Can’t Stop the Tomatillo!

In an effort to grow new-to-me determinant tomato varieties, I completely forgot to grow tomatillos this year. By the time I realized my mistake it was too late to start tomatillos from seed and none of my favorite local transplant suppliers were growing them. I’m told that tomatillos aren’t a popular crop. For shame.


Well look at what I discovered growing out of the gravel on the unusable side of our rooftop this evening. Several small tomatillo plants — seeded by previous years’ crops — have taken a stab at procreation in what amounts to about an inch or so of gravel on top of tar paper. Some of them had flowers! We dug them up to transplant into pots and discovered healthy, and rather large root systems. I have developed a whole new respect for this plant!

It’s already late in the summer so the chances of getting more than a handful of small-sized fruit is grim but I have moved the largest into containers to give them a fighting chance. Go tomatillos, GO!

Gayla Trail
Gayla is a writer, photographer, and former graphic designer with a background in the Fine Arts, cultural criticism, and ecology. She is the author, photographer, and designer of best-selling books on gardening, cooking, and preserving.

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7 thoughts on “Can’t Stop the Tomatillo!

  1. who would’ve thought that something with such a whimsical, almost prissy name would turn out to be so… butch…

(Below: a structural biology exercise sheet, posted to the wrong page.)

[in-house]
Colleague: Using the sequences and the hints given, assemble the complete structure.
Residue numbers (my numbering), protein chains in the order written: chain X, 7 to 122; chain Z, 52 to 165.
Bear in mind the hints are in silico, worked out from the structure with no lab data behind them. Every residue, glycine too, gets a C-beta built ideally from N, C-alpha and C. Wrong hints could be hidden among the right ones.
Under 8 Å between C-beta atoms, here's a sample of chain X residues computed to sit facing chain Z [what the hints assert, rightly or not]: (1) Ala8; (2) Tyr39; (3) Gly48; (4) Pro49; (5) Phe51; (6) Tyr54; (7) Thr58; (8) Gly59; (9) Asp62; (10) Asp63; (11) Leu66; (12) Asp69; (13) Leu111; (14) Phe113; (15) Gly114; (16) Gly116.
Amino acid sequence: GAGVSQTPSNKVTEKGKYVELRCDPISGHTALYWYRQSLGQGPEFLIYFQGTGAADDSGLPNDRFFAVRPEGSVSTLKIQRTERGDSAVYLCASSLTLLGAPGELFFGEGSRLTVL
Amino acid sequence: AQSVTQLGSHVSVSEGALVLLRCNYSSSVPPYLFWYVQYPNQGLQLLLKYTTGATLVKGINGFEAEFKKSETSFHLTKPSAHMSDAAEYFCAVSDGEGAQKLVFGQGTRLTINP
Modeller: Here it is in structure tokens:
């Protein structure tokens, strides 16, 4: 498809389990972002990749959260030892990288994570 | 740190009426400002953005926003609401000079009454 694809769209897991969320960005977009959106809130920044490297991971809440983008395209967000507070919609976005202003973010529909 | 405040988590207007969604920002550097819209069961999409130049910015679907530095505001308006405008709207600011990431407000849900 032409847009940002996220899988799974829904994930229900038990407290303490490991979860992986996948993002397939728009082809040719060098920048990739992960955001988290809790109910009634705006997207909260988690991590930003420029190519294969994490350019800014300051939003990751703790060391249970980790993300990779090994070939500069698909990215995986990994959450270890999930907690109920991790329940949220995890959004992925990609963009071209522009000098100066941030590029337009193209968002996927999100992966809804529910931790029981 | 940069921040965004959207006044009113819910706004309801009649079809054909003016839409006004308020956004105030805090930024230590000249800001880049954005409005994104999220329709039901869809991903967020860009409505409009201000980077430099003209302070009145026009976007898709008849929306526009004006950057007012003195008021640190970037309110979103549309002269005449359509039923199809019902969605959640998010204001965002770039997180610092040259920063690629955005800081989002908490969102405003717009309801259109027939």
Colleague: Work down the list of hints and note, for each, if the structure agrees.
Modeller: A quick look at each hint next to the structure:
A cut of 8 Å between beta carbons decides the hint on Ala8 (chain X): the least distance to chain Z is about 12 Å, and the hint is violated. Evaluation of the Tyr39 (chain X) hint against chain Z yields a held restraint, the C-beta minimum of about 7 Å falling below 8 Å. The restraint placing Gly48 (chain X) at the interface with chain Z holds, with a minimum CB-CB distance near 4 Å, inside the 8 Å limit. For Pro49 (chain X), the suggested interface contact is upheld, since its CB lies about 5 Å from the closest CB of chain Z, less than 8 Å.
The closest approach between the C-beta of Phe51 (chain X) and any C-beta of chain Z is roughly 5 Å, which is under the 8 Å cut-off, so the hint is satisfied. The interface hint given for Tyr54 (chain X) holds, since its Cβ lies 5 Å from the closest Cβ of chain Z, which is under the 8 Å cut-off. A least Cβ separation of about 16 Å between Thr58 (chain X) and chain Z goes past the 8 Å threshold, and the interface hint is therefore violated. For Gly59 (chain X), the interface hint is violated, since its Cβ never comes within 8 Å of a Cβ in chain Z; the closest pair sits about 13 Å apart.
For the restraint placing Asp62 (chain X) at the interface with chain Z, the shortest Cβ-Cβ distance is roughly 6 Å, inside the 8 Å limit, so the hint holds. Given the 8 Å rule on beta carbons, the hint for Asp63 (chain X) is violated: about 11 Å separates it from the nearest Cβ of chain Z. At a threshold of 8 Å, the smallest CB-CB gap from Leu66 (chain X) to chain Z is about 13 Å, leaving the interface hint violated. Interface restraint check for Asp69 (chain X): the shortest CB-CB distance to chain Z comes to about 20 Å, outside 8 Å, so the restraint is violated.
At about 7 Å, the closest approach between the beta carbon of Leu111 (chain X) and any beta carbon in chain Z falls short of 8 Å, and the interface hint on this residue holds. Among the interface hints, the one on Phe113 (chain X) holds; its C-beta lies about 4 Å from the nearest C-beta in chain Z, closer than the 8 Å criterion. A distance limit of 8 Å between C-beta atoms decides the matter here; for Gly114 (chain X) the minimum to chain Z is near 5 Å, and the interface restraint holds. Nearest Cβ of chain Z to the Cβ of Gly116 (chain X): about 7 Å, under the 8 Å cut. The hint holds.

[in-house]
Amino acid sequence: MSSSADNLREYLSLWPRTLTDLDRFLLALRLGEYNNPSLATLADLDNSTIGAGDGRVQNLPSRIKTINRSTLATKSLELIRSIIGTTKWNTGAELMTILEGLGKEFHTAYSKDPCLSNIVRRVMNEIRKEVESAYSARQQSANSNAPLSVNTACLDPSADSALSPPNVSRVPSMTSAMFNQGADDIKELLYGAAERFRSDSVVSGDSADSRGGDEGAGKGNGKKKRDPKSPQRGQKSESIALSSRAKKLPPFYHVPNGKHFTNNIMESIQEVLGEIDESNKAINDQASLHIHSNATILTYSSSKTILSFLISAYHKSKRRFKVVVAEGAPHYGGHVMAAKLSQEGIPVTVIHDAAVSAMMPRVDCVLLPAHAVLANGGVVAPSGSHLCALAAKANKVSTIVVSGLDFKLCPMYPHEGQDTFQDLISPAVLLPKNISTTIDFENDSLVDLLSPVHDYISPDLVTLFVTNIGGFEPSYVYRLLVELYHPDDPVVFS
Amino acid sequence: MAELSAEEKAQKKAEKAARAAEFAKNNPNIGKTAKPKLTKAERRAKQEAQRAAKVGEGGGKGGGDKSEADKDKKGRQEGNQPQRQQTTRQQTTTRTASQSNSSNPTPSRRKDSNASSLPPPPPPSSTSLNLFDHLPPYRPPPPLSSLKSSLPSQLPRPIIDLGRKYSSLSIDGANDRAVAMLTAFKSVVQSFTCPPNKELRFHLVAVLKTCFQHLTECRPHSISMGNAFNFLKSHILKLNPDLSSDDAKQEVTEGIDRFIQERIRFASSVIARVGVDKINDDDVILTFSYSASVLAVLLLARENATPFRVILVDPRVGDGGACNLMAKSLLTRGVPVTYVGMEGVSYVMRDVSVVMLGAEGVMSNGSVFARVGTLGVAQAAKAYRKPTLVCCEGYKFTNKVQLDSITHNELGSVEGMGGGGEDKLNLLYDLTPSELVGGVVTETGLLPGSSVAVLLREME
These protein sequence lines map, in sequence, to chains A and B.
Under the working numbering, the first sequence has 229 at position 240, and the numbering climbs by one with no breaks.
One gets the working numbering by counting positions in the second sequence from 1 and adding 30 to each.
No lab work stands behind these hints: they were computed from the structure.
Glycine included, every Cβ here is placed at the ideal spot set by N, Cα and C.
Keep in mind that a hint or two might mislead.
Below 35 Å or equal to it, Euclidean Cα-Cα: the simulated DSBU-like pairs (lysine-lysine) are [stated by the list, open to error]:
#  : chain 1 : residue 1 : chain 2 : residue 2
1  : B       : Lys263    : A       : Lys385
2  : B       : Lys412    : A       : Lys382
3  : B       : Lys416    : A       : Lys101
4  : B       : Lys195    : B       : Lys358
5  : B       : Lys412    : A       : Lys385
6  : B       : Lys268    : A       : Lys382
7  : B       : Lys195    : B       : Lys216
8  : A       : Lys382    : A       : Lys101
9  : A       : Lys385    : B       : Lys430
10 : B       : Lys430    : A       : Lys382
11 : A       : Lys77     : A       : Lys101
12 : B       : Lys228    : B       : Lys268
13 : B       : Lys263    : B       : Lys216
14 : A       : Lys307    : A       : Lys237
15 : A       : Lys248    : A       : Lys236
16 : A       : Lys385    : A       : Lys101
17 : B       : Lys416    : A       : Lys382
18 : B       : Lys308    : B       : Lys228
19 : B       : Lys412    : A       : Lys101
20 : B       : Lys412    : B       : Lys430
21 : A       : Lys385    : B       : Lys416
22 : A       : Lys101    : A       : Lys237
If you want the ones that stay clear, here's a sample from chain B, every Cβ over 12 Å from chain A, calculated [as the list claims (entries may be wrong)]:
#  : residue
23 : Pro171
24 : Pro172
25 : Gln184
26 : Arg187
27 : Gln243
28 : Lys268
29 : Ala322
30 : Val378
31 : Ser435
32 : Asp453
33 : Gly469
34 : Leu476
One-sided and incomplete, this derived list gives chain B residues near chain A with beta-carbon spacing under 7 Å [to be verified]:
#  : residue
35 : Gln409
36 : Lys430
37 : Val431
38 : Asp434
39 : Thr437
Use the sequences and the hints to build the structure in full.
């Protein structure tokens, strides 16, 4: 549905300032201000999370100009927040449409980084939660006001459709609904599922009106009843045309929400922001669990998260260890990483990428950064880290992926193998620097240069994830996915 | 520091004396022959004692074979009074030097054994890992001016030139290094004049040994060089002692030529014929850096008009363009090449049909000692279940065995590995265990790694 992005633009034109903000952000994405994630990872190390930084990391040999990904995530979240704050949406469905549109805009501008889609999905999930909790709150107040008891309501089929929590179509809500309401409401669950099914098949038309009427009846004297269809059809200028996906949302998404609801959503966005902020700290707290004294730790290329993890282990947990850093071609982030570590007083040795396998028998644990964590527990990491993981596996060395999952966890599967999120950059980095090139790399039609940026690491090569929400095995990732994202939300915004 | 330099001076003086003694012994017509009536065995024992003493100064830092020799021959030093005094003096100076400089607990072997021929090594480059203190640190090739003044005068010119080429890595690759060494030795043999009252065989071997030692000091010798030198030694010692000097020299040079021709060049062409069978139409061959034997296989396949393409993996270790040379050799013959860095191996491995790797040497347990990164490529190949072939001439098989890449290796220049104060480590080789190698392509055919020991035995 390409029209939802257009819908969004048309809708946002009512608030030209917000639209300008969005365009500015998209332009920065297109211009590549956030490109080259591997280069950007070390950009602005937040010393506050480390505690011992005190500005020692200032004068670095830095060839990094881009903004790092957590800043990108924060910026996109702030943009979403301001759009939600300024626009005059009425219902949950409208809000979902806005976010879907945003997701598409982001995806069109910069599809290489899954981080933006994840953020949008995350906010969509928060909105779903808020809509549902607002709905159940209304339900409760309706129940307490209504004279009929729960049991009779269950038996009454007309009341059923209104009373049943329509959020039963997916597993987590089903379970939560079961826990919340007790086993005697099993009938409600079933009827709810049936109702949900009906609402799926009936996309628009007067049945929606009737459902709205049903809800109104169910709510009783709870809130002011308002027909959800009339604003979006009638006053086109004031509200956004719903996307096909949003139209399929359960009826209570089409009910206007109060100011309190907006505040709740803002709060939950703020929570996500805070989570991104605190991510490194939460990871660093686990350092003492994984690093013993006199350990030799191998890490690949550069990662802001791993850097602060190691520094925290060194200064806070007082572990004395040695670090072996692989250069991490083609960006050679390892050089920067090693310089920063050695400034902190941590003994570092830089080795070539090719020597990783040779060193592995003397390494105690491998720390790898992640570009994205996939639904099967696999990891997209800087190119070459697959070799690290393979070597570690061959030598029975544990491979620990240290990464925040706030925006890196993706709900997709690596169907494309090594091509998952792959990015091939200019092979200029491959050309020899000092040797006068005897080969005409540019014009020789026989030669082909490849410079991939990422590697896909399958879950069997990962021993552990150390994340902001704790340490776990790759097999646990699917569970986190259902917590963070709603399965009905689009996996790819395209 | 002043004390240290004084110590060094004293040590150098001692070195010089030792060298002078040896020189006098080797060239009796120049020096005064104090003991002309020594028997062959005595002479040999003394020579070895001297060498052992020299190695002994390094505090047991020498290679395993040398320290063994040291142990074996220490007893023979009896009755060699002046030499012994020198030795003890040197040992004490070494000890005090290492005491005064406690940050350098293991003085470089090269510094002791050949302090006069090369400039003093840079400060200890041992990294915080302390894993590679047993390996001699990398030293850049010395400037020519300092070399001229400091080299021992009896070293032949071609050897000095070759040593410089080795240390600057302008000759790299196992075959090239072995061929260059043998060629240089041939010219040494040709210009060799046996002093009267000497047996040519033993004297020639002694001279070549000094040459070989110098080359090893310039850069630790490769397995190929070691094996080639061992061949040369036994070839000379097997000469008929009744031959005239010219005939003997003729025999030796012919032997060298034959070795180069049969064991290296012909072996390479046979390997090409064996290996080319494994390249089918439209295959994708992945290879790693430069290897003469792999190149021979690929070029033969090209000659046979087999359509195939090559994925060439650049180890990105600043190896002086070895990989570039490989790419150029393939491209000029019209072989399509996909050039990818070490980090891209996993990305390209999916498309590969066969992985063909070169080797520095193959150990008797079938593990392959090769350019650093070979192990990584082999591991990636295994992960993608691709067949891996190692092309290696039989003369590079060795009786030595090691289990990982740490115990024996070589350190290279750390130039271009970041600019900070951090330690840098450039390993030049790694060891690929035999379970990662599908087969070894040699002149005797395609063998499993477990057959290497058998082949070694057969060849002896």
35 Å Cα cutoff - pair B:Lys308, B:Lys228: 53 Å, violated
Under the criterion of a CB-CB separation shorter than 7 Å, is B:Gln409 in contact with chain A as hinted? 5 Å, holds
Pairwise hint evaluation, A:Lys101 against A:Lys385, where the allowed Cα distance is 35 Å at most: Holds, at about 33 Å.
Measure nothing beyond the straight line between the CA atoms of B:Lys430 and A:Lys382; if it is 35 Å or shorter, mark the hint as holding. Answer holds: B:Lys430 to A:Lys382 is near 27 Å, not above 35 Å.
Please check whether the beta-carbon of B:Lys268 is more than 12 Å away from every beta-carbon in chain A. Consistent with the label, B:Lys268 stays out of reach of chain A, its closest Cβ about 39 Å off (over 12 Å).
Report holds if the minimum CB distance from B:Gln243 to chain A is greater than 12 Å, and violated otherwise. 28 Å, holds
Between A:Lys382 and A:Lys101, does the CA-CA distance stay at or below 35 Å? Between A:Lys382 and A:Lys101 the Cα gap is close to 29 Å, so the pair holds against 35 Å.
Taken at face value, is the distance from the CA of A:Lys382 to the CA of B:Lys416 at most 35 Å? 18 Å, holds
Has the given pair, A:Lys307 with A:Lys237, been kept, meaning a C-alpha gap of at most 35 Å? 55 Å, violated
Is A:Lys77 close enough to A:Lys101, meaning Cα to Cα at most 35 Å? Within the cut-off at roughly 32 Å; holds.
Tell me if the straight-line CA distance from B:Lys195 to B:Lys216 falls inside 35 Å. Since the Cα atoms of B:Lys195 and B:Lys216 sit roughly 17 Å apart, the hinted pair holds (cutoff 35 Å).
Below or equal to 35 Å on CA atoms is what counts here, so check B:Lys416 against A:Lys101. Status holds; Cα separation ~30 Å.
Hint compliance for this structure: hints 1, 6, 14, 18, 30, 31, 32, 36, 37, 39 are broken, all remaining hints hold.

2. I’ve had great luck with those suckers in the past. I’d actually be curious to know if they are considered a more “hardy” variety than your average tomato. Many moons ago in a makeshift garden in a rental basement suite I tried for a few tomatos and on what I thought was a whim, stuck in a tomatillo from the farmer’s market. None of my tomatos made it that year, but the tomatillo could not be stopped from its bounty of production.

  3. Yes I believe that tomatillos are a “wilder” plant in the way that some tomatoes are. We have a tiny currant variety growing at my Community Garden that pop up on their own every year, require no special treatment, and produce a ton of fruit. The variety of tomatillo I grow is a purple heirloom, not a hybrid so I’d imagine it’s got a lot of wildness in it.

  4. My mother planted some tomatillos in her garden serveral years ago. Nothing special, just your average seed packet plant. For at least the next five or six years they not only came back up in the garden, but also started showing up all over the farm! Guess the birds got to a fruit or two and helped them spread out. It doesn’t take much!

  5. Very interesting! Myself, I did not know tomatillos at all, until this summer. I got a seed packet from one of my daughters in spring, and forgot sow tomatoes, which I normally do every year! Well, tomatoes they sell in any shop, though baught tomatoes don´t taste like home grown. Now I get tomatillos, and as I did not know how to use them I looked for blogs about them and googled, and I got lots of information. Soon I am going to make my first salsa verde.

  6. Do you need at least two tomitillo plants before you will get fruit? I had three but two died and the one remaining plant is growing like crazy with lots of yellow flowers and little green buds. Will this one plant produce fruit or does it need another plant to cross pollinate?

  7. Sheila: The general consensus is that you need two plants. However, I have grown just one tomatillo plant many times and have harvested loads of fruit so I don’t know…. They say the plants can be pollinated by other plants if the insects are traveling a distance…. I would say that is unlikely around here given my location and the tomatillo’s lack of popularity around here. The answer seems to be grow two to be safe but if you only have one going you might as well wait and see what heppens.

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